I Miss Her….

So I bought Marianne Williamson’s new book called A Course In Weight Loss.  I’d like to lose some weight, mostly because my knees hurt more than I’d like to admit and the only thing I can think to do is take some of the weight off of them.  I completely buy into the idea that our emotional and spiritual issues manifest in physical symptoms.  So I believe that taking a spiritual approach to my extra weight would be far more beneficial (and cheaper) then say joining Weight Watchers (which I’ve also considered).

I got the book in the mail before we went to Disney World and read the first few chapters.  My intention was to begin the 21 lessons as soon as we got home.  As of today, I can’t bring myself to start it.  The problem is with the first lesson.  The gist of that lesson is to take down the protective wall we have built around ourselves.  Our extra weight and emotional eating problems stem from holding on to this emotional baggage.

I asked myself what it is I’m holding onto after reading that chapter.  What is hurting me?  Who or what am I angry about?  Over the past few days something has been bubbling up.  It’s Amy.

It’s been over a year now.  I openly grieved for a reasonable amount of time and then I filed it away.  It’s  in a drawer called “Lost Soulmates” way back in the recesses of my mind.  I flipped this switch that seemed to make it impossible for me to grieve for anything at all.  When my grandmother died, I shed a few tears for my sweet mother and cousin because watching their grief broke my heart, but inside, I couldn’t feel my own.

Amy’s death was the most unfathomable thing that could have ever happened to me.  We were supposed to watch each other’s kids grow up and maybe move into a retirement community together when we were 85.  She was so ALIVE.  If I went back through my cell phone voice mailbox, I’m sure I’d hear the message Kristin left telling me about the birth of the twins.  She had a beautiful house with a nursery she’d decorated in a froggie theme for her little boys.  I made the trays of food for her baby shower and carefully moved all the gifts into the nursery.  In the last month of her life she lent me an ear and reassured me when I was going through a tough time.

A wonderful, sweet woman is with Amy’s husband now.  She is the mommy those little boys (who are now 14 mos old) know.  We are friends on Facebook.  I am happy to have a window into the boys’ lives but sometimes it hurts so much to look through it.

I’m not sure if it’s the holiday season or trying to address that darn wall, but I miss her so freakin bad right now.  It’s just not fair.  It was too early for her to go…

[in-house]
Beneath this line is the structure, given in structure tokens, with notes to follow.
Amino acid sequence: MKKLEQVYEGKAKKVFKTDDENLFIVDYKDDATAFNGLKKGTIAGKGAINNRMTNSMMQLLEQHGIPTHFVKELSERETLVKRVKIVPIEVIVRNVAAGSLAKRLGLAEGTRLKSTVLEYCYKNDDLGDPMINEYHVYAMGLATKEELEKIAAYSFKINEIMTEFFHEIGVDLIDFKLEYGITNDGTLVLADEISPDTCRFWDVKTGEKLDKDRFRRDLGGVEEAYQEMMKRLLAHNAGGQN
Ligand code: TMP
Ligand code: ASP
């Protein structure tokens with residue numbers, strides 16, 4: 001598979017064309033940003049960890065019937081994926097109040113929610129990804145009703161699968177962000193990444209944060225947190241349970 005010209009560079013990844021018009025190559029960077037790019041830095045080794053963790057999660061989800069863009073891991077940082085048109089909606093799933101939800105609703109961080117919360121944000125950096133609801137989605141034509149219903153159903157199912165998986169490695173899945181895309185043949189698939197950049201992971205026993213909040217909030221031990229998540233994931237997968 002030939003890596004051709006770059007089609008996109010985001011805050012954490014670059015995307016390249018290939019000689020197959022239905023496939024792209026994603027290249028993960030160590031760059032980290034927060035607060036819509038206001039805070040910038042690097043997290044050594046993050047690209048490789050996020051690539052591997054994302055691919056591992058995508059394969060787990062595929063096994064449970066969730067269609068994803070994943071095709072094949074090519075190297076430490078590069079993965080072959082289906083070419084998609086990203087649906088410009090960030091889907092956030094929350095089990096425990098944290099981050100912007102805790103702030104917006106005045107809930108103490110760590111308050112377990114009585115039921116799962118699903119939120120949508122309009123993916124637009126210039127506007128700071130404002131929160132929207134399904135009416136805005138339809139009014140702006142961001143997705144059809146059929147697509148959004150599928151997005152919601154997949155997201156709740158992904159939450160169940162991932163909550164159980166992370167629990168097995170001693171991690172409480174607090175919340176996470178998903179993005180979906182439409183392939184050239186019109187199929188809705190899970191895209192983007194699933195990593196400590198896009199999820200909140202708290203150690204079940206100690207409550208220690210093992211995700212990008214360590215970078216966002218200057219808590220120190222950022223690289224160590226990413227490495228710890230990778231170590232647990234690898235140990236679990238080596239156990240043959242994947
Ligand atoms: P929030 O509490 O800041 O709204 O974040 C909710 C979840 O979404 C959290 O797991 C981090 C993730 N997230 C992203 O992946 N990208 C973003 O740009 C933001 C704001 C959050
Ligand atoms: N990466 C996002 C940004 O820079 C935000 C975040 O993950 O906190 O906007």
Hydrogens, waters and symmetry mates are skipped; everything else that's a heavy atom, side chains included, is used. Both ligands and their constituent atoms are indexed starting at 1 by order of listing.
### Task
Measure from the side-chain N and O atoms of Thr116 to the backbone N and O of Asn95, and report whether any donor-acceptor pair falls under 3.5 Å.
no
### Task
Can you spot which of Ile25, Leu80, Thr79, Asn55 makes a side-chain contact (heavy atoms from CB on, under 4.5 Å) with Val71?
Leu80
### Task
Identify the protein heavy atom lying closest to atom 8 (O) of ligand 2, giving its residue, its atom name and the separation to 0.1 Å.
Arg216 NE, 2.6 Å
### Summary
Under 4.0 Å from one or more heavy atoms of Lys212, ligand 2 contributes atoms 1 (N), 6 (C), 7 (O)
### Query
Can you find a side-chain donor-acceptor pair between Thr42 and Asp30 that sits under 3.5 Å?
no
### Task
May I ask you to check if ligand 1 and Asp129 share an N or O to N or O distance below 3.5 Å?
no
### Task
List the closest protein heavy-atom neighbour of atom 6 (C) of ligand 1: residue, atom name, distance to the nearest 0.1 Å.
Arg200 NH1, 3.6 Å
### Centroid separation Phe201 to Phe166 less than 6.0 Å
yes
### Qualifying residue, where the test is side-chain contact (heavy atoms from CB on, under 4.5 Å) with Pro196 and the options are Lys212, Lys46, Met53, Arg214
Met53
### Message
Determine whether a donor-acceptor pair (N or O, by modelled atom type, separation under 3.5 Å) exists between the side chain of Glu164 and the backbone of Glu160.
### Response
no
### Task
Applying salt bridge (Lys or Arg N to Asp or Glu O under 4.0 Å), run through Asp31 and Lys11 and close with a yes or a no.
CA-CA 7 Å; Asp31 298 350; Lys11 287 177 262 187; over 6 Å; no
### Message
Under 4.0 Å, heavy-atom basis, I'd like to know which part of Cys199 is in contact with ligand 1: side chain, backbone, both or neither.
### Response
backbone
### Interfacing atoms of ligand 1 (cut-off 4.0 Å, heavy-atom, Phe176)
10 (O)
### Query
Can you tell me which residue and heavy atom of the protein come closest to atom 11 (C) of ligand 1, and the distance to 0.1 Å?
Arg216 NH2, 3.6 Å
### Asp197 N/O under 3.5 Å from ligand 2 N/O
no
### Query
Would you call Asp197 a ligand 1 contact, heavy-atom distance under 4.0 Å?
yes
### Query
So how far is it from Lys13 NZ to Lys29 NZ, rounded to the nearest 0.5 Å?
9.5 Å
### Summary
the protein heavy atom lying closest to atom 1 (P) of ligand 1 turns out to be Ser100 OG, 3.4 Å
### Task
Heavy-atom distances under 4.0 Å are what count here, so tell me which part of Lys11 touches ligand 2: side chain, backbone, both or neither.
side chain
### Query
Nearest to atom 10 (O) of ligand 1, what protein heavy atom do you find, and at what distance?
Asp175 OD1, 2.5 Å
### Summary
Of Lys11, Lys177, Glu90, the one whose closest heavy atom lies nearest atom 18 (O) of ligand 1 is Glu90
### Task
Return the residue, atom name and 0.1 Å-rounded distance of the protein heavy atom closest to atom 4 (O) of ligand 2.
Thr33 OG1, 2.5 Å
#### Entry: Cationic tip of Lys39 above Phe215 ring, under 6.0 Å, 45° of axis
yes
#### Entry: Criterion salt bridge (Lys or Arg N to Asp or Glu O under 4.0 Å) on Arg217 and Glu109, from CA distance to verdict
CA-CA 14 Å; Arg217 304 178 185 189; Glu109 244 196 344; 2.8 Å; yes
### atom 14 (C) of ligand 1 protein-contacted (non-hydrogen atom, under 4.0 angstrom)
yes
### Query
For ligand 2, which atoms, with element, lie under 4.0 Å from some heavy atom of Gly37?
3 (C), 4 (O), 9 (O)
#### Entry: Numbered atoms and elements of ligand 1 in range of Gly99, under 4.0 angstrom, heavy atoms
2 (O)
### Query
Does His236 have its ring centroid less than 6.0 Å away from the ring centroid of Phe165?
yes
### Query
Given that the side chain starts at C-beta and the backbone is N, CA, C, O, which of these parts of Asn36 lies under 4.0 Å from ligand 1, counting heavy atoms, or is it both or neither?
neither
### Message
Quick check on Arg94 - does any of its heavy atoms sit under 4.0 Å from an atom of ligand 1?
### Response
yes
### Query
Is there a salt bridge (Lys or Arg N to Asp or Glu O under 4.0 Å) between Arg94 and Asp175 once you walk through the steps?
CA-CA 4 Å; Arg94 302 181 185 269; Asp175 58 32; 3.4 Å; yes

Jane R’s Click

I received a click story in my inbox the other day and at first felt terrible that I had not found it sooner, but as I read it I realized the timing was just right.  I wrote about marriage on Monday and when I published that post I wondered about any readers who might be thinking that they’d been looking at the big picture and were tired of living in a black cloud and desperately seeking that silver lining.  I know there are people who put all they can into their marriages and still find that the only way to achieve joy is to leave it behind.  So this amazing post about the end of a marriage and the awakening of a creative, thriving, beautiful woman is for you. You can read Jane’s blog here.

One of my biggest personal changes happened when I got divorced from my ex-husband.  We had been living in a renovated carriage house on his parent’s property for 10 years.  His parents were adamant that the kids and I should stay and he should move out.  I had my chance to get that UHaul and move but I passed on it due to my own fear and self imposed limitations.  I simply didn’t believe that I could ever make it on my own out there with two children.  On July 1, 2004 my husband moved out.  As the kids ran to the window and watched the moving van pull out of the driveway, I sat there in a half empty dismantled home feeling envious that he got off that property instead of me.  He had the freedom while I put down the scissors after clipping my own wings.  It would be four more years of living next door to the main house and a soured relationship with my ex-in laws before the tides changed and I got that UHaul.  But in the mean time, those four years were the biggest gift from God that I ever got.  In that period of time I unearthed so many wonderful things about myself that I thought were long dead.

In the beginning of our divorce there were some adjustments to be made.  If you’re a woman who’s been through a divorce you know that no matter how happy you are to be free of a bad marriage there is a period of grieving that goes with it too.  For so long I was tied in to the identity of being someone’s wife.  Even though I was in a bad marriage, it still gave me a sense of feeling complete just knowing that I had a husband.  With the new title of “single mother” I really started looking closer at what it meant to be a woman.  Sometimes as a single mother I felt like I had scarlet letter on my forehead.  Other times women would approach me privately and tell me that they envied the freedom I had gotten because they had been in horrible marriages for years but were too afraid to leave for financial reasons.  It was then that I realized I would rather be single and struggling a bit than to stay in a loveless marriage for the next twenty years just so that I could hold on to the big house and tennis lessons.

It didn’t take too long after my ex husband moved out to realize that a huge mountain of weight had been lifted.  Granted, I was still living on his parent’s property and terrified about how I would make it as a single woman with no real career but I was still amazed at the sense of freedom for just having that weight taken off me.  I suddenly had a sense that if I could feel so much lighter despite those restrictions, imagine the real sense of freedom once I cut my ties to my in-law’s property entirely.